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recursive search and replace old with new string, inside files

Terminal - recursive search and replace old with new string, inside files
find . -type f -exec sed -i s/oldstring/newstring/g {} +
2009-12-09 00:46:13
User: SlimG
Functions: find sed
15
recursive search and replace old with new string, inside files

This command find all files in the current dir and subdirs, and replace all occurances of "oldstring" in every file with "newstring".

Alternatives

There are 4 alternatives - vote for the best!

Terminal - Alternatives
$ grep -rl oldstring . |xargs sed -i -e 's/oldstring/newstring/'
2009-03-03 20:10:19
User: netfortius
Functions: grep sed
Tags: perl sed
25

recursively traverse the directory structure from . down, look for string "oldstring" in all files, and replace it with "newstring", wherever found

also:

grep -rl oldstring . |xargs perl -pi~ -e 's/oldstring/newstring'
grep -rl oldstring . | parallel sed -i -e 's/oldstring/newstring/'
2010-01-28 08:44:16
Functions: grep sed
4

xargs deals badly with special characters (such as space, ' and "). To see the problem try this:

touch important_file

touch 'not important_file'

ls not* | xargs rm

Parallel https://savannah.nongnu.org/projects/parallel/ does not have this problem.

grep -rlZ oldstring . | xargs -0 sed -i -e 's/oldstring/newstring/'
2011-10-18 19:14:02
Functions: grep sed xargs
Tags: sed
1

Using -Z with grep and -0 with xargs handles file names with spaces and special characters.

replace old new -- `find -type f`
2012-12-13 20:22:17
User: brian
Tags: sed find
1

Search and replace recursively. :-) Shorter and simpler than the others. And allows more terms:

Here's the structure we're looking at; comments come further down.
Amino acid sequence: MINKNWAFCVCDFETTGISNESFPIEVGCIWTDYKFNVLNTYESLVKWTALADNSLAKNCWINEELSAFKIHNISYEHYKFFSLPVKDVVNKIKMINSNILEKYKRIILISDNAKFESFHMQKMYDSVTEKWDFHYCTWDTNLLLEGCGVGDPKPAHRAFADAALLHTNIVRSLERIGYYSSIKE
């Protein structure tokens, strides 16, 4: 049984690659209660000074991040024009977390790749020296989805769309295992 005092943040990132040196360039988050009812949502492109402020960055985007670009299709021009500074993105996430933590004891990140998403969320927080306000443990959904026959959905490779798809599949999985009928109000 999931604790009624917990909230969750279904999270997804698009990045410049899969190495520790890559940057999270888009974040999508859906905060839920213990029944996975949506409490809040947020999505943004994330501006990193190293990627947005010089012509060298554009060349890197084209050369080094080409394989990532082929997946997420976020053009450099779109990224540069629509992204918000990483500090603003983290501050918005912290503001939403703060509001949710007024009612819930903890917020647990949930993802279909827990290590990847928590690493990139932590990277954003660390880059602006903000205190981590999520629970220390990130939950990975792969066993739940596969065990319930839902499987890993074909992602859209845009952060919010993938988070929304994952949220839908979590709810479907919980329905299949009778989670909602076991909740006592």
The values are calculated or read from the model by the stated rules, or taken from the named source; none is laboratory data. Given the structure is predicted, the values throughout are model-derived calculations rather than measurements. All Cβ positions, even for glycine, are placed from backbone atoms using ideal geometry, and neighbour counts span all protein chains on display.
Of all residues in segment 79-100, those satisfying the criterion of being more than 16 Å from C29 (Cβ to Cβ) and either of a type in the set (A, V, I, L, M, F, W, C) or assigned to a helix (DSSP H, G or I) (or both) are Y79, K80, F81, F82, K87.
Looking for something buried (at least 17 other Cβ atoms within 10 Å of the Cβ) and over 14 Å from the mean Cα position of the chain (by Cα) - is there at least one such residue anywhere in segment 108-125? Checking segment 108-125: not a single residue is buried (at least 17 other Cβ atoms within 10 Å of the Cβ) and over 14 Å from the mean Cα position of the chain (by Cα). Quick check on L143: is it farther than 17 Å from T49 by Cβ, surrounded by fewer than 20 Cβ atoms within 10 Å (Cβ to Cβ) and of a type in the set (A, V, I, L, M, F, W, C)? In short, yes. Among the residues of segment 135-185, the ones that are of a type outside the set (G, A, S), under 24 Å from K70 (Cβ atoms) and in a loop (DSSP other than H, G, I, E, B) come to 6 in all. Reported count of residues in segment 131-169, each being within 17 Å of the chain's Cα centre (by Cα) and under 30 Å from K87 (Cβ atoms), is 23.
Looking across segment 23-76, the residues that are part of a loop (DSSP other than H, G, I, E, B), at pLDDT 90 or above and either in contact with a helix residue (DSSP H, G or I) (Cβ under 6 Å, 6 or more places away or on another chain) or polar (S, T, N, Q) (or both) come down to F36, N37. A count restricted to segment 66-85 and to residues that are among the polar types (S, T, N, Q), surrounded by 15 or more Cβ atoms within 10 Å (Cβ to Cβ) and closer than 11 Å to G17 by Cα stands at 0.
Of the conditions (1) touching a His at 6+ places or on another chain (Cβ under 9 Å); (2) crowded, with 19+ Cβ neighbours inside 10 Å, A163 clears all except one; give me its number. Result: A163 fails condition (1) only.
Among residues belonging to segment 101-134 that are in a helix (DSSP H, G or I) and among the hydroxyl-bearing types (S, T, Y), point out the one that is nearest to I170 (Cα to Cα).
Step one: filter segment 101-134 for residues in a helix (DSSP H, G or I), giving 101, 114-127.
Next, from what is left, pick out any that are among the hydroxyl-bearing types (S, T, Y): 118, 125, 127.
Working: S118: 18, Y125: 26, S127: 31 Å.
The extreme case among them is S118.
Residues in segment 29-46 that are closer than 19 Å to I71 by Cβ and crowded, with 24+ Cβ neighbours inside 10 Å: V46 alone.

replace old new [old new ...] -- `find -type f`

find . -name "*.txt" | xargs -n 1 perl -pi -w -e "s/text([0-9])/other\$1/g;"
2014-02-28 06:38:38
User: kennethjor
Functions: find perl xargs
0

Does a search and replace across multiple files with a subgroup replacement.

Know a better way?

If you can do better, submit your command here.

What others think

Using sed you can use the 'g' option in case there is more than one occurance of the "oldstring" in the matching sentence.

Also find has the '+' sign to behave like using xargs.

find . -type f -exec sed -i "s/oldstring/newstring/g" {} +;
Comment by JesusSuperstar 298 weeks and 2 days ago

Without the "/g" sed will replace the first occurrence of oldstring in each line, not the first in each file.

Comment by johnraff 298 weeks and 1 day ago

Thanks for the tip, using + is much faster, guess it's because + doesn't start sed more than once, I've changed the command accordingly.

Using "g" with sed is already explained in the comment of the command

Comment by SlimG 298 weeks and 1 day ago

Thanks for the knowlege johnraff, didn't see your comment before I posted, changed the command and description accordingly.

Comment by SlimG 298 weeks and 1 day ago

Don't you need a semicolon (;) at the end?

Comment by eev2 192 weeks and 3 days ago

Your point of view

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